“We are not trying to earn any margins from this [selling the machine],” said Salomó. He explained that “in the beginning we wanted to sell only our SaaS, but clients did not understand very well how the technology worked without seeing a machine functioning. That’s why we decided to sell the whole solution, including the hardware.”

During the setup phase, Proppos makes sure the self-checkout machine is capable of recognizing each food element on the plate and the dishes on the restaurants’ menus. To do so, it gets a huge amount of data from hundreds of photos of each food ingredient and uses a data augmentation process to complete the data set. According to Salomó, this process takes only a few hours, depending on the clients' requirements and menu options.  He noted that since scalability is key for Proppos, future machine setups will be handed over to dedicated distributors and “they will be able to setup the machine autonomously, improving the scalability of our model dramatically”.

Reality check

The company is also looking to harness the huge amount of data that can be potentially collected by the self-checkout machines to provide nutritional insights and suggestions that will educate customers while giving restaurants consumption predictions so they can optimize their operational costs. 

“We realized that our clients don't have clear information about their products which leads to bad operational results, like food wastage; they also have no idea about the quantity of food that has to be pre-prepared as they have no estimations of how much will be consumed,” said Salomó.

Proppos currently counts on a team of five and a high-powered group of advisors, who hold executive positions in Nostrum and supermarket chain Lidl and are serial entrepreneurs of technology-based companies. The startup recently received a €125,000 capital injection from its founders, 3Fs and local angel investors. It aims to close a second round of investments of between €500,000 and €1m by the end of this year, with the funding channeled towards reinforcing the team and improving its technology.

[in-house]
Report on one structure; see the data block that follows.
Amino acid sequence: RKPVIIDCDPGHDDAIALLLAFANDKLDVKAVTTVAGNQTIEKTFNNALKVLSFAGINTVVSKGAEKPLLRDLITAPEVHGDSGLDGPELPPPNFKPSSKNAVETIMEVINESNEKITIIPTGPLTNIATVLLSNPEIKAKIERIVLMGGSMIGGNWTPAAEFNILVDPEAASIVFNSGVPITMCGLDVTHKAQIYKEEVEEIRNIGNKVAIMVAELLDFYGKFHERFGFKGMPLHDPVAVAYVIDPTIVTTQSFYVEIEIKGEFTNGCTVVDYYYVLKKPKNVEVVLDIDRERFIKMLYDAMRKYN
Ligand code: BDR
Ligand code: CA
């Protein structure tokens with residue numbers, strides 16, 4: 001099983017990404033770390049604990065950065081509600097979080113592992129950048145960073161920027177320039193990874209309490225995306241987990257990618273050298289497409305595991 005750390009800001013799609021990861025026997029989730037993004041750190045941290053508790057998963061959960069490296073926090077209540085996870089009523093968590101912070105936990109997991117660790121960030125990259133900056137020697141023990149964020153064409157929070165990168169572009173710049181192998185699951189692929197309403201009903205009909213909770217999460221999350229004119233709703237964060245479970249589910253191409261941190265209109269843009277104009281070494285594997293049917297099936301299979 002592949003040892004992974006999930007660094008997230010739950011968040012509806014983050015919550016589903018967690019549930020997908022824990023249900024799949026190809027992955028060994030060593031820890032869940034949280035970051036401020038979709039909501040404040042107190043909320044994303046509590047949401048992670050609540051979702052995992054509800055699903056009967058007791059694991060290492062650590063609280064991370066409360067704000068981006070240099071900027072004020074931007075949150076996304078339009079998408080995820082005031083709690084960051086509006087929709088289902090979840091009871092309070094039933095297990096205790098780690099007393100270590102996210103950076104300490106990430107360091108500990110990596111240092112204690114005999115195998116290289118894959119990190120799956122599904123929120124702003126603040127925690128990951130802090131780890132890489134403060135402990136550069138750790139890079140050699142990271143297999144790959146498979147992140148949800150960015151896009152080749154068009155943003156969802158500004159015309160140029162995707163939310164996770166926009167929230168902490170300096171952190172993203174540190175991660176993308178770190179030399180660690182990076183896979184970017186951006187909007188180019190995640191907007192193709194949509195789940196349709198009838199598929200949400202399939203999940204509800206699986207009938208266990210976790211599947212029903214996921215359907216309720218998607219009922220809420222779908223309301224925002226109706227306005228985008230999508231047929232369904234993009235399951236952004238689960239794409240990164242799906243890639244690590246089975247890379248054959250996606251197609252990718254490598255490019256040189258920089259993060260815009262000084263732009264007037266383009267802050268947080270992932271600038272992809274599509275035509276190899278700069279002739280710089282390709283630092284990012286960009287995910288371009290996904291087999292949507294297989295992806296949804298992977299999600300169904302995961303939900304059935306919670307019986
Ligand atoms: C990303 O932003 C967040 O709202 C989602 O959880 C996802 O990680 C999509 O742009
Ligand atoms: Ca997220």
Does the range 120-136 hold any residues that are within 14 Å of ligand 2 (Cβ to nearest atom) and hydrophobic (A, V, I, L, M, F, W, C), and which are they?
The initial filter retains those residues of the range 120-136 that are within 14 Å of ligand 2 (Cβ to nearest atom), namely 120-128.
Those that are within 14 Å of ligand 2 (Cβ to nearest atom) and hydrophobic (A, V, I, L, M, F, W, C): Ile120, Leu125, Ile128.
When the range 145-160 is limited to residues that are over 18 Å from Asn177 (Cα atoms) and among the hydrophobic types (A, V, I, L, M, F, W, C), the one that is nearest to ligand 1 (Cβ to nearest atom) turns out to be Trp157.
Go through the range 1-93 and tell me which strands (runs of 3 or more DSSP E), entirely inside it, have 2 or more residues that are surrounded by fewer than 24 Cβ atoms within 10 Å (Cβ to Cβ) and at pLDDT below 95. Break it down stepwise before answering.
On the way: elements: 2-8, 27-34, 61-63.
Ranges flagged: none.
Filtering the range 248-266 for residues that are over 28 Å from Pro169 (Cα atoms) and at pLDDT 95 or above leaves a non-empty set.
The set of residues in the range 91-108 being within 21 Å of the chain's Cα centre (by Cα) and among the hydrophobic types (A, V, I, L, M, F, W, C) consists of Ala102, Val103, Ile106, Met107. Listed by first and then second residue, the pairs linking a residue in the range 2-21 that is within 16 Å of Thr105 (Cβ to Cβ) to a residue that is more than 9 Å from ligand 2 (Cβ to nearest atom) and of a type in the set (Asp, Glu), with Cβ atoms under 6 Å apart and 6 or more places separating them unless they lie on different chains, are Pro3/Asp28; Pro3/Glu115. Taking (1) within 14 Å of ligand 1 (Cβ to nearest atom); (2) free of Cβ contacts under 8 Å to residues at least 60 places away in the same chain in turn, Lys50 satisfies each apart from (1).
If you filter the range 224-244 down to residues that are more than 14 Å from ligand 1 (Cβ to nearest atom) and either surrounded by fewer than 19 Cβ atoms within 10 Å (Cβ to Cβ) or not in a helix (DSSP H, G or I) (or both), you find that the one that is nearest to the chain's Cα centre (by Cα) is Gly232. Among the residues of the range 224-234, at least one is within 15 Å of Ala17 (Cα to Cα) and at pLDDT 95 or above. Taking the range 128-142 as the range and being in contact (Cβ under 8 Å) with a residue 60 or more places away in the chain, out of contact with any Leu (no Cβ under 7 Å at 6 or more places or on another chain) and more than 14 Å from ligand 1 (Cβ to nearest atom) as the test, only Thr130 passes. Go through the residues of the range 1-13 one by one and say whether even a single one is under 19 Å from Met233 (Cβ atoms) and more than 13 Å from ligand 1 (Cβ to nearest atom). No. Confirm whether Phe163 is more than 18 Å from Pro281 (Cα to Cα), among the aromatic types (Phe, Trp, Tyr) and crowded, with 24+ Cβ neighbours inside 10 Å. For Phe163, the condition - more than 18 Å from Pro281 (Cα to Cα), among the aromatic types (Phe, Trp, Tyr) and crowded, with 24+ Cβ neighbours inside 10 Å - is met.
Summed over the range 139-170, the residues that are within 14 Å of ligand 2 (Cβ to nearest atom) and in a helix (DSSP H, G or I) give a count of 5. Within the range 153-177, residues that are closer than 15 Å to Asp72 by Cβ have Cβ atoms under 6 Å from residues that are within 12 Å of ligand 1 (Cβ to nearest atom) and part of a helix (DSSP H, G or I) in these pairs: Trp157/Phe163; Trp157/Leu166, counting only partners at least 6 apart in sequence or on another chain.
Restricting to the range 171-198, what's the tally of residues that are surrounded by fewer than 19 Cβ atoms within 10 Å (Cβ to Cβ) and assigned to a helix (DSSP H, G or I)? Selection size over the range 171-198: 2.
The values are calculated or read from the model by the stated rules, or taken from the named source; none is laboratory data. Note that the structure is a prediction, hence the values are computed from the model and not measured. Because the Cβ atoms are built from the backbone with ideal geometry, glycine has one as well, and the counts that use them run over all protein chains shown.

One of the biggest challenges that Proppos' founders have faced so far is with the food-recognition technology. Salomó recalled, “We had a pilot where the menu had spaghetti alla carbonara. One day, the chef changed the dish to spaghetti a la bolognesa and our technology didn’t recognize it because they are obviously two different things”. 

The huge variety of food available and the fact that restaurants need the flexibility to change dishes on the menu proved to be a big challenge. Proppos' SaaS iteration now includes features that enable restaurants to make changes without interfering with the self-checkout machine's detection of every product sold to customers that is included in the system. Salomó concluded, “This is why clients' validation is essential to getting a new technology up and running at its full potential.” 

For now, Proppos is focused on the Spanish market. Salomó said: “Although [FastPay is] applicable to retail, we will initially focus on restaurants, and self-service and corporate canteens … [in itself] already a big and complex industry.”

The company has begun developing a PROPPOS Free checkout, a Spanish version of AmazonGo for restaurants and retail stores, though. To finance this, the founders plan to tap Neotec Capital Riesgo, a Spanish-based fund launched by the European Investment Fund.

“Being the European AmazonGo would be amazing, there are many companies across the world like US, China, Israel introducing these type of solution in retails. But fir now, we want to focus on our segment to establish and grow our position in the market,” Salomó said.

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Edited by Celine Lim